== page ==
In the year since the publication of our article, "How Biofuels Could Starve the Poor" (May/June 2007), the average price of corn has increased by some 60 percent, soybeans by 76 percent, wheat by 54 percent, and rice by 104 percent. What at first seemed alarmist has turned out to be an underestimate of the effects of biofuels on both commodity prices and the natural environment. These price increases are substantial threats to the welfare of consumers, especially in poor developing countries facing food deficits. They are especially burdensome to the rural landless and the urban poor, who produce no food at all. Josette Sheeran, the Executive Director of the World Food Program, calls this a global "tsunami of hunger." Robert Zoellick, President of the World Bank, estimates that there are 100 million newly poor and hungry people as a result of rising food prices.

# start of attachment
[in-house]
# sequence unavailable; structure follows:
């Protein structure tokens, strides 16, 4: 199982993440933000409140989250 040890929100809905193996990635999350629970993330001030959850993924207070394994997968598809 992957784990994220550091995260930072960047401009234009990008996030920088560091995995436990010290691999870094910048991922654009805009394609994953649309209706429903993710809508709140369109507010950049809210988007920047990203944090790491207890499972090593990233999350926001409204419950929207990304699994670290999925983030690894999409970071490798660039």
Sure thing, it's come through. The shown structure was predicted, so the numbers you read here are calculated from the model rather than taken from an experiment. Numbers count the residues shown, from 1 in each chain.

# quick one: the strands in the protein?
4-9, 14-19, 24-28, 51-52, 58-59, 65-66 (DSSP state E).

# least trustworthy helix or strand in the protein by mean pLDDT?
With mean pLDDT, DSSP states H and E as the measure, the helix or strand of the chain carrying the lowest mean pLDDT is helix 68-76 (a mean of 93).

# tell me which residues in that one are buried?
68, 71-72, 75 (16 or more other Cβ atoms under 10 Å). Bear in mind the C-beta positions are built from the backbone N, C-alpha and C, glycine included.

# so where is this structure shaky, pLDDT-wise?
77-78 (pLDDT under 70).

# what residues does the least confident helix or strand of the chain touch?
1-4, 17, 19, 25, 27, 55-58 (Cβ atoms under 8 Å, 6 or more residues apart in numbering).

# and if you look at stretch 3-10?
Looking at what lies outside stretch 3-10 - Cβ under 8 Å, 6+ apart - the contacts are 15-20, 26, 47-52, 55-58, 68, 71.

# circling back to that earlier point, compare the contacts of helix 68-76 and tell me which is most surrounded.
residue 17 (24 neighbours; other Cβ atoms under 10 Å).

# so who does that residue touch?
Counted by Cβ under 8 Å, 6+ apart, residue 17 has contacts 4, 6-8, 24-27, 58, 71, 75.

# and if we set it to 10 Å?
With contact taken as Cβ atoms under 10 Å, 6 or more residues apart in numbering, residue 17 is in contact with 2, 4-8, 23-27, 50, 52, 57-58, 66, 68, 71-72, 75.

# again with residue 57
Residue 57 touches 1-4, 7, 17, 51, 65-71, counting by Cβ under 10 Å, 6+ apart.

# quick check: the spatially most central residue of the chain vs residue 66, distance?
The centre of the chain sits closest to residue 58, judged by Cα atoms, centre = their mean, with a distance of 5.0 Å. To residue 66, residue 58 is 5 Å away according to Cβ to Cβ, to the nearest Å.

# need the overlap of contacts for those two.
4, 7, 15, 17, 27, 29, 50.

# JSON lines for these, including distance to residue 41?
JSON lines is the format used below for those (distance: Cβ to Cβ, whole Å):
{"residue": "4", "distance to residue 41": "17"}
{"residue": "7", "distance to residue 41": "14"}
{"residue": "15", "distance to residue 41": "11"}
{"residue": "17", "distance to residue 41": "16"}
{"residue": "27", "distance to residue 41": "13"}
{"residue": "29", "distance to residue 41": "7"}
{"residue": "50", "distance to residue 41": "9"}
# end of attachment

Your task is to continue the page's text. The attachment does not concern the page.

Although controversy remains over how much of the food price increase since 2006 can be attributed to biofuels, their effects cannot be overlooked. In 2008, 30 percent of the U.S. corn crop will be used for ethanol. Although economic growth in developing countries (especially India and China) and poor crop conditions in certain parts of the food-exporting world (such as Australia) are part of the explanation for rising commodity prices worldwide, neither offers constructive opportunities for policy redirection. By contrast, the panoply of subsidies, tariffs and mandates protecting the biofuels sector, especially in the United States and the European Union, is ripe for reform.
Last year, we predicted that upward pressure on petroleum prices would persist, allowing ethanol producers to pay higher and higher prices for corn. At the time, oil prices were approximately $70 per barrel and rising while corn prices were roughly $3.75 per bushel and rising. But few observers, ourselves included, imagined that within a year oil prices would reach $130 per barrel and corn futures would exceed $6 per bushel. Meanwhile, despite a near doubling of U.S. corn ethanol production (from 3.4 billion gallons in 2004 to 6.5 billion gallons in 2007), infrastructure and distribution problems